I'm old school on the knives and the USMC I'm guessing. Combat and folders? I can't see it myself. Maybe to open letters from home. Maybe to cut parachute cord to get you out of a tree before the enemy shoots you down. Against the enemy? A folder will fold IMO. Against the enemy, only a fixed blade will do. I don't care what engineering has been put behind the folder. Plain and simple. I guess we just need to know the best application of a folder in combat.
My main issue is the bargain basement price points. Seems pretty dumb to not test a Spyderco knife called the "Military" or a flagship tactical folder of Benchmade like the 710. I can appreciate that soldiers (and Marines) don't have a ton of spare cash but we're talking about a potentially lifesaving tool here. At least take your tool selection a bit more seriously before you go gobbing off about "the best folder".
A blade in the field should be viewed more as a utility tool, not a "combat" tool. Folders have their place with the equipment employed, but a fix blade, well, K.I.S.S. No springs, locks, simply speedy deployment.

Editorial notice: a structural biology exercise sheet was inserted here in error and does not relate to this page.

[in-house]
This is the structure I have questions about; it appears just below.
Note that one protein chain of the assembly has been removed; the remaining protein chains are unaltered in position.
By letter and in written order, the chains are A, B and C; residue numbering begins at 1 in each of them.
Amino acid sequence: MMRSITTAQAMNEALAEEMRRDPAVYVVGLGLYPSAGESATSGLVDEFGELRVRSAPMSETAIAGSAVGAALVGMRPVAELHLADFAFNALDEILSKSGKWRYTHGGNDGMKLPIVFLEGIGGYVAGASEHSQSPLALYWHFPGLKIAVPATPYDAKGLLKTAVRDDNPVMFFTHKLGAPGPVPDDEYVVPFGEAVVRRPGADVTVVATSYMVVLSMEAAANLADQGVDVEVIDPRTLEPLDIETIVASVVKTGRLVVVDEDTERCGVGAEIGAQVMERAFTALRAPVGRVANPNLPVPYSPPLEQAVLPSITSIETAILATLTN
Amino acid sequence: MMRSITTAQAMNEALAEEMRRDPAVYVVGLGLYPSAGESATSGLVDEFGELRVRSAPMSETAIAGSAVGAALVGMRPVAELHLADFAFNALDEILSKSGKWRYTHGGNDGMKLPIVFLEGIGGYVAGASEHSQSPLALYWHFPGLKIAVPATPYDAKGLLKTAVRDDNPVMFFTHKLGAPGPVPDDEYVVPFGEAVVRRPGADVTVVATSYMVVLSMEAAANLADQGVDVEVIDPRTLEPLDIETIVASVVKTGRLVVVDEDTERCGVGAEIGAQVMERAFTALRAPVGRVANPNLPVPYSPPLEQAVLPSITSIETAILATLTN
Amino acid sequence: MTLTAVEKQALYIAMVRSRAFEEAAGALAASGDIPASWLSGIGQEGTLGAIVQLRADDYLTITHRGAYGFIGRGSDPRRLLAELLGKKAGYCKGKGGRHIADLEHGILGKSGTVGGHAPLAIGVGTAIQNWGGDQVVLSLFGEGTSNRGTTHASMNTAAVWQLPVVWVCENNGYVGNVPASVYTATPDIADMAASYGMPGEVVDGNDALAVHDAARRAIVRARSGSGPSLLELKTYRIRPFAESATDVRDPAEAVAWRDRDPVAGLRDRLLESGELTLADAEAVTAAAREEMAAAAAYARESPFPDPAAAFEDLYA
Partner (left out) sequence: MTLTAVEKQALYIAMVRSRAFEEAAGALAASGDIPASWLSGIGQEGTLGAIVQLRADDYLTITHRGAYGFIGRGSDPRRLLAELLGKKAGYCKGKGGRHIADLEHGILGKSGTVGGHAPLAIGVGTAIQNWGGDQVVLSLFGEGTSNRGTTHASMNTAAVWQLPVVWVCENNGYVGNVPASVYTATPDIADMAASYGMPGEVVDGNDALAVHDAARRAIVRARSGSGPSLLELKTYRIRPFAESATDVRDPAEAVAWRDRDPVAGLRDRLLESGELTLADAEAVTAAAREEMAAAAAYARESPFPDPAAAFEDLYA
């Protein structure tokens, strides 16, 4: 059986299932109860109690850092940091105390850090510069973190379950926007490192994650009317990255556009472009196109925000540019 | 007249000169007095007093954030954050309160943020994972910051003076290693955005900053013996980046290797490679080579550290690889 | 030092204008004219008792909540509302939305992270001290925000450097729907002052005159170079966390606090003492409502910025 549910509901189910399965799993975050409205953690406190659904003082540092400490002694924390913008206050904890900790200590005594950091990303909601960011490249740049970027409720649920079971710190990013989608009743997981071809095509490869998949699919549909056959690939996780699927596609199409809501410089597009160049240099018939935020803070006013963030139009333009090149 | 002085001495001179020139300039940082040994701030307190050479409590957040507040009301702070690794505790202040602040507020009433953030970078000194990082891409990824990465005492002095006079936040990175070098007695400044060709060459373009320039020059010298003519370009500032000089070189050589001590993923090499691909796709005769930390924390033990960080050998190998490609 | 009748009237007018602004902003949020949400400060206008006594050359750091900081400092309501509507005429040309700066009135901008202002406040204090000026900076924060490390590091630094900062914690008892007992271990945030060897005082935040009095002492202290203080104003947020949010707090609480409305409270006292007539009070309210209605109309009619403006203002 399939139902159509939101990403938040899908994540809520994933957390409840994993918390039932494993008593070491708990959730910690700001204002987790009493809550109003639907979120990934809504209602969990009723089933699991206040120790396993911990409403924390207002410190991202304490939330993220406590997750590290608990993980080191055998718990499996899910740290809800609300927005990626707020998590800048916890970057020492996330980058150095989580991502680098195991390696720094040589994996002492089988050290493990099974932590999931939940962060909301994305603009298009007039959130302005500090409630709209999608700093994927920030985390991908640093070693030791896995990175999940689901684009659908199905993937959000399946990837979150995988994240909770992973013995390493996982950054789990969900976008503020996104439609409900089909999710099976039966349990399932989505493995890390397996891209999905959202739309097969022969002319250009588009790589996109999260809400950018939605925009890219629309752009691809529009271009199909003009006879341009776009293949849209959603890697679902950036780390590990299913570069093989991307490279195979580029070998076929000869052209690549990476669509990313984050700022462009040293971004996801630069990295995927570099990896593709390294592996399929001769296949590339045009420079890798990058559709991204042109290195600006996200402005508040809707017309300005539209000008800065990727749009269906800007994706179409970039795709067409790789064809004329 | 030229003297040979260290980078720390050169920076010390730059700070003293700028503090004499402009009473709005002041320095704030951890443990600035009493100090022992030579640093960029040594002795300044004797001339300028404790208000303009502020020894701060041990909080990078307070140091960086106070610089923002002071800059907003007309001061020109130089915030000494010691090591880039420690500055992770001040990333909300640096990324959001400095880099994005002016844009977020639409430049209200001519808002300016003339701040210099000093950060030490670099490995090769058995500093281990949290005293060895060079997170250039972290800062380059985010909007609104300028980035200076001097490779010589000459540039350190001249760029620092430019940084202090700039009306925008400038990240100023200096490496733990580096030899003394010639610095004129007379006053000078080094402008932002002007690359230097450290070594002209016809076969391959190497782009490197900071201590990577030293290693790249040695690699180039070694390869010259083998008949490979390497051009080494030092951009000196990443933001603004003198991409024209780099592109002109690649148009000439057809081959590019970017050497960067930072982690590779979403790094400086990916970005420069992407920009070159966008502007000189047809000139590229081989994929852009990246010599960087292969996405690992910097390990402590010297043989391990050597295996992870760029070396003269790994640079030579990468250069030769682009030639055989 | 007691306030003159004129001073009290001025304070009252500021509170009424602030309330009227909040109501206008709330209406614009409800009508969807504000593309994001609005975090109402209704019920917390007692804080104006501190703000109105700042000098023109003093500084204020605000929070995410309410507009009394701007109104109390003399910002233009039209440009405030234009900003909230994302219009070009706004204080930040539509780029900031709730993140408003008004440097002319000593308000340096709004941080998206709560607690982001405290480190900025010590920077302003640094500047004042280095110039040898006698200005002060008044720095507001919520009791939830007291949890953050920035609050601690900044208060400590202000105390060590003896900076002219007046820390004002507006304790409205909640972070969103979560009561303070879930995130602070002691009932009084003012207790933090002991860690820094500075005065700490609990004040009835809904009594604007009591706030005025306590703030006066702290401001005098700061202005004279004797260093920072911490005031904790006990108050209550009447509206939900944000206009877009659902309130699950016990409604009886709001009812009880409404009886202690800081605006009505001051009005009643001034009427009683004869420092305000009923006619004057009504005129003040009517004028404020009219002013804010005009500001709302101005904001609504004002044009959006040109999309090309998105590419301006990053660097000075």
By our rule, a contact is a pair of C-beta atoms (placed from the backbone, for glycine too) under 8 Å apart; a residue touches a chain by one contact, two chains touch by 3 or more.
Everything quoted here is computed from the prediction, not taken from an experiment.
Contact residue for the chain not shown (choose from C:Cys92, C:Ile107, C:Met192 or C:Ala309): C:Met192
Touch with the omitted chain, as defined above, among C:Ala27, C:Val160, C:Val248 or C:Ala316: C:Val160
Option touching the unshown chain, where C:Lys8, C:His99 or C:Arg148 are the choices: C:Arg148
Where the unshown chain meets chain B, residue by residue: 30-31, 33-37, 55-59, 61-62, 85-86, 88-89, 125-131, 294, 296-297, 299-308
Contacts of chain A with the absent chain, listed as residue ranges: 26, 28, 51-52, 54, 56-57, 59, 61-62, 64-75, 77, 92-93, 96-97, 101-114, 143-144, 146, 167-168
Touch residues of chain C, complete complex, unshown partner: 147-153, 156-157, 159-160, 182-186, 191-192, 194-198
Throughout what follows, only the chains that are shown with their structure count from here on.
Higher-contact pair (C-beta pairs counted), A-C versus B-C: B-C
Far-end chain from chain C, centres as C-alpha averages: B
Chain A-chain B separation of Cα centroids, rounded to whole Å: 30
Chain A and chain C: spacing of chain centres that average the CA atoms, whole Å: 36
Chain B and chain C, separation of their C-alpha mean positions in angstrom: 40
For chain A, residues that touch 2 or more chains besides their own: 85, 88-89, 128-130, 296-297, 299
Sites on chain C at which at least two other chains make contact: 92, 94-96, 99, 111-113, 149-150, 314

What Patrol said ! A lot of Marines will carry several knives, along with a Leatherman or multi-tool of some sort.I carried a Gerber straight edged folder with para chord laynard style with me every where but I also always had my Kbar and my bayonet on me. USMC family are an edged weapon culture. We love our knives. We also did knife fighting drills with rubber knives for PT atleast three times a week even when in the field, it was a blast.
In Iraq I had a Chris Reeve Yarborough knife paired up with a Benchmade folder and a Leatherman tool. 3 different blades for different jobs. I think I ordered another 3 while I was deployed too !
What about striders smf or gbs.
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Thank you all for the input and more so for your service. My youngest son is going through college on a Naval ROTC scholarship, Marine option and when he graduates he gets my Cold Steel, mini-tanto, and cold steel XL folding Tanto as new tools. Again thank you who serve for without you the idea of a forum like this would never exist.